The Fresno Bee
August 6 - 12, 1989

'Perfect Strangers' gets new time-slot,
spin-off as a lead-in

By Lanny Larson
Bee broadcast writer


Not too many 5-year-olds are ready to have their own kids, but in the world of television, most anything is possible.

So "Perfect Strangers" starts its fifth season on ABC next month in a new time slot and with its very own spinoff as a lead-in.

"Perfect Strangers" moved to its new 9 p.m. Friday place in Channel 30's lineup last week.  ABC wants people used to seeing the show there when the new season begins to attract viewers to the revamped Friday schedule.

"Perfect Strangers" has had little trouble generating time-period-winning numbers (last season against "Beauty and the Beast" on CBS and against an ever-changing NBC lineup.)

At 9 o'clock, "Perfect Strangers" moves out of the traditional family hour (8-9) and into an area where presumably more adult themes can be explored in a show that has been maturing since its innception.

"Perfect Strangers" began as a cartoonish cliche-filled story about Balki Bartokomous (Bronson Pinchot) emigrating to Chicago.  Balki was a goat herder from the tiny Mediterranean island of Mypos.

He settled with his cousin, Larry Appleton (Mark Linn-Baker), who was an up and coming photojournalist, who agreed to teach his cousin the fine points of getting along in America.

The comedy during the first few seasons came from the unrelenting conflict generated by Balki's naivete and the cousins' romantic entanglements with a pair of flight attendants, one as solid as Larry and the other as off-the-wall as Balki.

But after three years of situations that were mostly focused on Balki's naivete about American ways, the show focused more on the assimilating side of Balki.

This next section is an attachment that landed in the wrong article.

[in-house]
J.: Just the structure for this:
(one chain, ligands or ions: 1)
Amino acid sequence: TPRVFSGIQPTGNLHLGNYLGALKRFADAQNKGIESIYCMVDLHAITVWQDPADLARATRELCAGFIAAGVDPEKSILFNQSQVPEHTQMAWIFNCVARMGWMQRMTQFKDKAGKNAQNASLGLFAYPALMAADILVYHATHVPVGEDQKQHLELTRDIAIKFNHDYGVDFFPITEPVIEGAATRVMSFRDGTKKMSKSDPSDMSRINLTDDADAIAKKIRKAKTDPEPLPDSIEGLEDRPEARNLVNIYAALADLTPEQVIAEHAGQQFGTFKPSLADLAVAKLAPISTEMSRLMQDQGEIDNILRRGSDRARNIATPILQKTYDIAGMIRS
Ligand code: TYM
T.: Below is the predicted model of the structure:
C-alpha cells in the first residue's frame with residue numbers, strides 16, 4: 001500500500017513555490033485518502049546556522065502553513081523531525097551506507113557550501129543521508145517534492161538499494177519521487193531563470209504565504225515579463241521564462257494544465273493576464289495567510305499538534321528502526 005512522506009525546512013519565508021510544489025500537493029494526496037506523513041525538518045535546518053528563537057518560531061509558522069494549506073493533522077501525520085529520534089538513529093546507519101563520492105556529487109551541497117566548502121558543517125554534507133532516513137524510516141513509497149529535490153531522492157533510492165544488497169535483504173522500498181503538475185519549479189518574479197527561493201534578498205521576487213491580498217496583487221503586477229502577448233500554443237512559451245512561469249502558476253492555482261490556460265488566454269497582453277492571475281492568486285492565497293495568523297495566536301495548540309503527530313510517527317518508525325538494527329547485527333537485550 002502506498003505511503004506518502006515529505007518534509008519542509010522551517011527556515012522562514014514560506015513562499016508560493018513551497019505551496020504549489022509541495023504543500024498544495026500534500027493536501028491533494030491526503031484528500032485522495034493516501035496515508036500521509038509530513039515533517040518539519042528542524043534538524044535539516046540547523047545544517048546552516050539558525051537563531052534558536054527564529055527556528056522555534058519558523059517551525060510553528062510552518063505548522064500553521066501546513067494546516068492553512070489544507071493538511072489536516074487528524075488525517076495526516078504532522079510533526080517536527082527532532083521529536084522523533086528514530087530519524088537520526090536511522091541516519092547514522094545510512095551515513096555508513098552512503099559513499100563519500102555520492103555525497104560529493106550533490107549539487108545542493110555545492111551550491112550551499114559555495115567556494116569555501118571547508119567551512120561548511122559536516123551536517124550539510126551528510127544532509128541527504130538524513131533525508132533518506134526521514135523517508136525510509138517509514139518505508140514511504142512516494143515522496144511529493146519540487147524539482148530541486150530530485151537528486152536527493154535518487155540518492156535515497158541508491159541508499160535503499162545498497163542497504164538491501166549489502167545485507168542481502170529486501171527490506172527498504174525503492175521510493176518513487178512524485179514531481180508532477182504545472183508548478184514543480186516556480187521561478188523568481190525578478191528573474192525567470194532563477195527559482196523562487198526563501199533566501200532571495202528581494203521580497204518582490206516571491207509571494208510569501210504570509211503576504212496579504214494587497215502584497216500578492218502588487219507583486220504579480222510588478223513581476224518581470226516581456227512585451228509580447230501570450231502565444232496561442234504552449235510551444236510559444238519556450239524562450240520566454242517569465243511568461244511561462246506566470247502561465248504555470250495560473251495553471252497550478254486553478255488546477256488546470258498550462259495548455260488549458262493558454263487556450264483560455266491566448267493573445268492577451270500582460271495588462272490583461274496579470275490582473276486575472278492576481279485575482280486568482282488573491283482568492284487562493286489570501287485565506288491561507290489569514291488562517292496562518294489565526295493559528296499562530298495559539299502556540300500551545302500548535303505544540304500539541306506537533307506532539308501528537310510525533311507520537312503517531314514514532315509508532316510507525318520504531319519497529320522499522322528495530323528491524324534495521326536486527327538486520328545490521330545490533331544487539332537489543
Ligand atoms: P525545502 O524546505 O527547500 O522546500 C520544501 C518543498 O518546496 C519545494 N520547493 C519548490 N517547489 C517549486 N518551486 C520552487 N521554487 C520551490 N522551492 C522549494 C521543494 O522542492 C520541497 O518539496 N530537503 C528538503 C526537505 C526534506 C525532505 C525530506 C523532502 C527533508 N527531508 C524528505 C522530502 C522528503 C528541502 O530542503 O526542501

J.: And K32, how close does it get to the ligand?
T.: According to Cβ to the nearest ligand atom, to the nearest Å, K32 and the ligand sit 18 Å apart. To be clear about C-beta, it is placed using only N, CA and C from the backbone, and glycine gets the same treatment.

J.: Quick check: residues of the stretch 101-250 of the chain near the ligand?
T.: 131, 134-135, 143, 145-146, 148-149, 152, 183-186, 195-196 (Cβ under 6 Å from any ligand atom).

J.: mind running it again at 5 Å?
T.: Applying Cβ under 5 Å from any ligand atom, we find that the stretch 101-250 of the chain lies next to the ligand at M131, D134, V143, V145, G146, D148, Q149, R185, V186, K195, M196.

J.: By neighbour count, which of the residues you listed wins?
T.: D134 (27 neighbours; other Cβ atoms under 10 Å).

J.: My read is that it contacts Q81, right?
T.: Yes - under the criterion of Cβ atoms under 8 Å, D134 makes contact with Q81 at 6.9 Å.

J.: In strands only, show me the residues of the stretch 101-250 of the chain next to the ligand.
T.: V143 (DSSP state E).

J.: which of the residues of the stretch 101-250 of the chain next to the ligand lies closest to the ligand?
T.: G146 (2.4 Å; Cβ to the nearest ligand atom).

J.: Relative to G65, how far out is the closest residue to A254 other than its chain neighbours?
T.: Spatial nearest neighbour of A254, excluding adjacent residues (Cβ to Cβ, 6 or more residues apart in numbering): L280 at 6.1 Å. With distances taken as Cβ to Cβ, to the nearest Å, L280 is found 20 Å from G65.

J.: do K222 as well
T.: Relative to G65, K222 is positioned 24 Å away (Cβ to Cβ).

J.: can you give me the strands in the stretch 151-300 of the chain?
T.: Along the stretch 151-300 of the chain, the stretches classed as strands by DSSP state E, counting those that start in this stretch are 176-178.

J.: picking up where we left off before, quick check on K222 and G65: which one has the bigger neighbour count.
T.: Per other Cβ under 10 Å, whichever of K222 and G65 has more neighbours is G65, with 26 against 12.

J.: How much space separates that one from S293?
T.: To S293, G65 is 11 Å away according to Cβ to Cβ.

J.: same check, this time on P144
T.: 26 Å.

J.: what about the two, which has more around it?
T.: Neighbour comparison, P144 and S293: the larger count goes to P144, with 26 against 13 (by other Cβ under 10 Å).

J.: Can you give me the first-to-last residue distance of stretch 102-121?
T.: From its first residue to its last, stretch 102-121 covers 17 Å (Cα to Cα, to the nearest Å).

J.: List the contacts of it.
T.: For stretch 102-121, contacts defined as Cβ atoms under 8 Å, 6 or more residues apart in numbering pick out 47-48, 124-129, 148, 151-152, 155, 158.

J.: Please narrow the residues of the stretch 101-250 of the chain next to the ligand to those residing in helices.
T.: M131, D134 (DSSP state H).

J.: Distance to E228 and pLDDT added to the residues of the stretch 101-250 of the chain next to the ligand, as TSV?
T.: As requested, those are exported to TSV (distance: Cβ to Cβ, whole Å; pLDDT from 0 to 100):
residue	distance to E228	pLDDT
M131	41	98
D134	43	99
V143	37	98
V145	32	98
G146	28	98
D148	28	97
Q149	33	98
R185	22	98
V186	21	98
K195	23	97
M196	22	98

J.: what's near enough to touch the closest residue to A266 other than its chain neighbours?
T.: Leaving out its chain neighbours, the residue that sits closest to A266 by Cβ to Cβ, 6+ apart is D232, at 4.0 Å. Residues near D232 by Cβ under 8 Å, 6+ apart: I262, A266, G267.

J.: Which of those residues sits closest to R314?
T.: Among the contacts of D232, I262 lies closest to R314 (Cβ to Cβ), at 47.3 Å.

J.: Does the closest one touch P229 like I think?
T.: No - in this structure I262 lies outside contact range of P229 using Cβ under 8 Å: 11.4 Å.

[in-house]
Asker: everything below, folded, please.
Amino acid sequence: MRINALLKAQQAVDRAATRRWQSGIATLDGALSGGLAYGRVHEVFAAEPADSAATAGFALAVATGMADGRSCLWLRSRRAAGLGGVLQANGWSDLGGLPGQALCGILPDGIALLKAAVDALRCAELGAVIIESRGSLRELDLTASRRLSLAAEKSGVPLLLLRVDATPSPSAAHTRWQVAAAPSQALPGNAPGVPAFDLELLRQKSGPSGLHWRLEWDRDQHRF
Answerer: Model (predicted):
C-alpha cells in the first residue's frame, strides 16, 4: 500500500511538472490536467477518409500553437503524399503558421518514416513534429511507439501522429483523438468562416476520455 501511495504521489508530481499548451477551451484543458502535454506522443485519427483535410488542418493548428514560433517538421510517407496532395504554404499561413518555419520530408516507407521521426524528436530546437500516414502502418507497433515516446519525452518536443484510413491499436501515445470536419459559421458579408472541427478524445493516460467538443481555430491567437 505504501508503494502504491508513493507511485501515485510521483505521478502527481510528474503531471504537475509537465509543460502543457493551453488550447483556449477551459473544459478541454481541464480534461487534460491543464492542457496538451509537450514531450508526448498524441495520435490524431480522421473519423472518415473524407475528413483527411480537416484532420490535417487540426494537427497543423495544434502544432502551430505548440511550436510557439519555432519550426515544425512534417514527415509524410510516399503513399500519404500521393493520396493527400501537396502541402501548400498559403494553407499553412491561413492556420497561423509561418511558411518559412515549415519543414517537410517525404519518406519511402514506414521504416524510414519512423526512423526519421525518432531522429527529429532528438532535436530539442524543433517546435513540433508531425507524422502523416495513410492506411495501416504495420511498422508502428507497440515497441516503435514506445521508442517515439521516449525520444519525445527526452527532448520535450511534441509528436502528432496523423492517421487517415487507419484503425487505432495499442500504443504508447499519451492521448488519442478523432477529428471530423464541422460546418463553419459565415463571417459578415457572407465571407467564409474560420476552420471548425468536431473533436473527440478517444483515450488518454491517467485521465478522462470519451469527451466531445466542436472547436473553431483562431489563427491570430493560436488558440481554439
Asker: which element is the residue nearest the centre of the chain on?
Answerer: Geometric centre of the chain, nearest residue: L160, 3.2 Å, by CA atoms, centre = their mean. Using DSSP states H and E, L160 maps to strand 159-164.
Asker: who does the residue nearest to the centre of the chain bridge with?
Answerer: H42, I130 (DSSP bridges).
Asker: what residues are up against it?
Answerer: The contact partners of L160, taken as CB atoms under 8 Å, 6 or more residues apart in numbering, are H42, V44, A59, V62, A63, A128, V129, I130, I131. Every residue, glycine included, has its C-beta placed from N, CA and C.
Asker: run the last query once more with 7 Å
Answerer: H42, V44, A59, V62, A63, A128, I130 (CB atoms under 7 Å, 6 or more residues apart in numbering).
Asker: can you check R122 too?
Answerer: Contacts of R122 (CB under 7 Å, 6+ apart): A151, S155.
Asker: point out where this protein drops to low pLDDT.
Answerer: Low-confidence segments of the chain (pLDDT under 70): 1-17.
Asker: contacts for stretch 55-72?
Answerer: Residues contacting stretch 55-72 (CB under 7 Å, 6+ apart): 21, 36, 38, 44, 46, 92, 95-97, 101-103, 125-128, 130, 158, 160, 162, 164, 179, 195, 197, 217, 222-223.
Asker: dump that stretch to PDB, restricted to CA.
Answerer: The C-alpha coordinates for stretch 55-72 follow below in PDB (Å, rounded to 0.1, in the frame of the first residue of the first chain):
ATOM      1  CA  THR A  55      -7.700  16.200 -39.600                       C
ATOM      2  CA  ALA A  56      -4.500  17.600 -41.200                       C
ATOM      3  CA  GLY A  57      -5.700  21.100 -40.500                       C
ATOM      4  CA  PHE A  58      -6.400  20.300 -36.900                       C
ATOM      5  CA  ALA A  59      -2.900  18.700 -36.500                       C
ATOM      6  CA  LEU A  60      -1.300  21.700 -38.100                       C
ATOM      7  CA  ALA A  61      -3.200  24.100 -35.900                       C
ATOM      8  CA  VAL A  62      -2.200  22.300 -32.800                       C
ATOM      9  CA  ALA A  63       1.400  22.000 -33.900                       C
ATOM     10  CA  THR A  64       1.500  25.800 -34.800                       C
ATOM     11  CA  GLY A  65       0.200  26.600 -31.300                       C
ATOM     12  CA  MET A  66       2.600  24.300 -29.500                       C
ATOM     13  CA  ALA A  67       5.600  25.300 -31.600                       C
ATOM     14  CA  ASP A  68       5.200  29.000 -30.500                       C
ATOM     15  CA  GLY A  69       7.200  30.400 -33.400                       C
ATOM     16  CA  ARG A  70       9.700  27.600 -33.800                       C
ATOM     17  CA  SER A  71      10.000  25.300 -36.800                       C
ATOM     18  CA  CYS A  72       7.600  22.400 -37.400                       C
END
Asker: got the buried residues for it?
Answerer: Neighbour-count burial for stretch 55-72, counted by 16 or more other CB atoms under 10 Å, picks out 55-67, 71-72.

By then Larry was an investigative reporter at a newspaper and Balki was ensconced in the mail room.  That gave the show more to do, more areas to explore and more characters to play with.

One character who emerged was the acid-tongued elevator operator Harriette Winslow (JoMarie Payton-France).  Her scenes with the two and with others along the way were impressive enough that her character won't be around much on "Perfect Strangers" this fifth season.

Instead, she'll have a show of her own (with the help of a talented, funny cast), "Family Matters," which ABC will run at 8:30 p.m. Fridays.

The pilot for the show had the texture of a time-period perfect sitcom about a black family in Chicago.  It makes no point about race (a refreshing change from most other shows in which black characters are leads), sticking instead to funny situations that could affect any urban family.

Reginald VelJohnson, the police sergeant in the movie "Die Hard," plays a cop again "Family Matters." (sic)  He and Payton-France preside over a family that includes their young children (Darius McCrary and Kellie Shanygne Williams); her widowed sister (Thelma Hopkins), who has an infant son; and his mother (Rosetta Le Noire).

The comedy comes from the relationships among the group.  There are several friction points from the in-law relationships, especially that surrounding Hopkins' character, who has been forced to live with her sister as she tries to write a novel and raise her baby.

At the recent TV Critics Association fall preview tour in Los Angeles, there were suggestions that this was a kind of "All in the Family" for the 1990s.

What the new show isn't is like other consciously black comedies of a decade ago: "The Jeffersons" and "Good Times," as examples.  Payton-France told critics those shows had "too much exaggeration."  However, she added, "They did break ground, so we have to give credit where credit is due."

"I don't think they did any real damage," said Hopkins of the old shows.  "Those of us who would like to do things differently would just hope that when it's out (sic) turn we can maybe take those points that . . . we may not have agreed with and do something about changing that."

"We wouldn't be up here today if it wasn't for those shows," VelJohnson said.

What "Family Matters" will try to be, Payton-France told the critics, will be a broad-based sitcom that is evocative (sic) of all working families and promotes strong family values.

"It's going to be right in the middle of the whole scope of what's happening in the world situation," she said.

Payton-France added, "I hope it will help all families.  I hope that we will be an example, not only to the viewing audience in the United States, but the viewing audience in the world."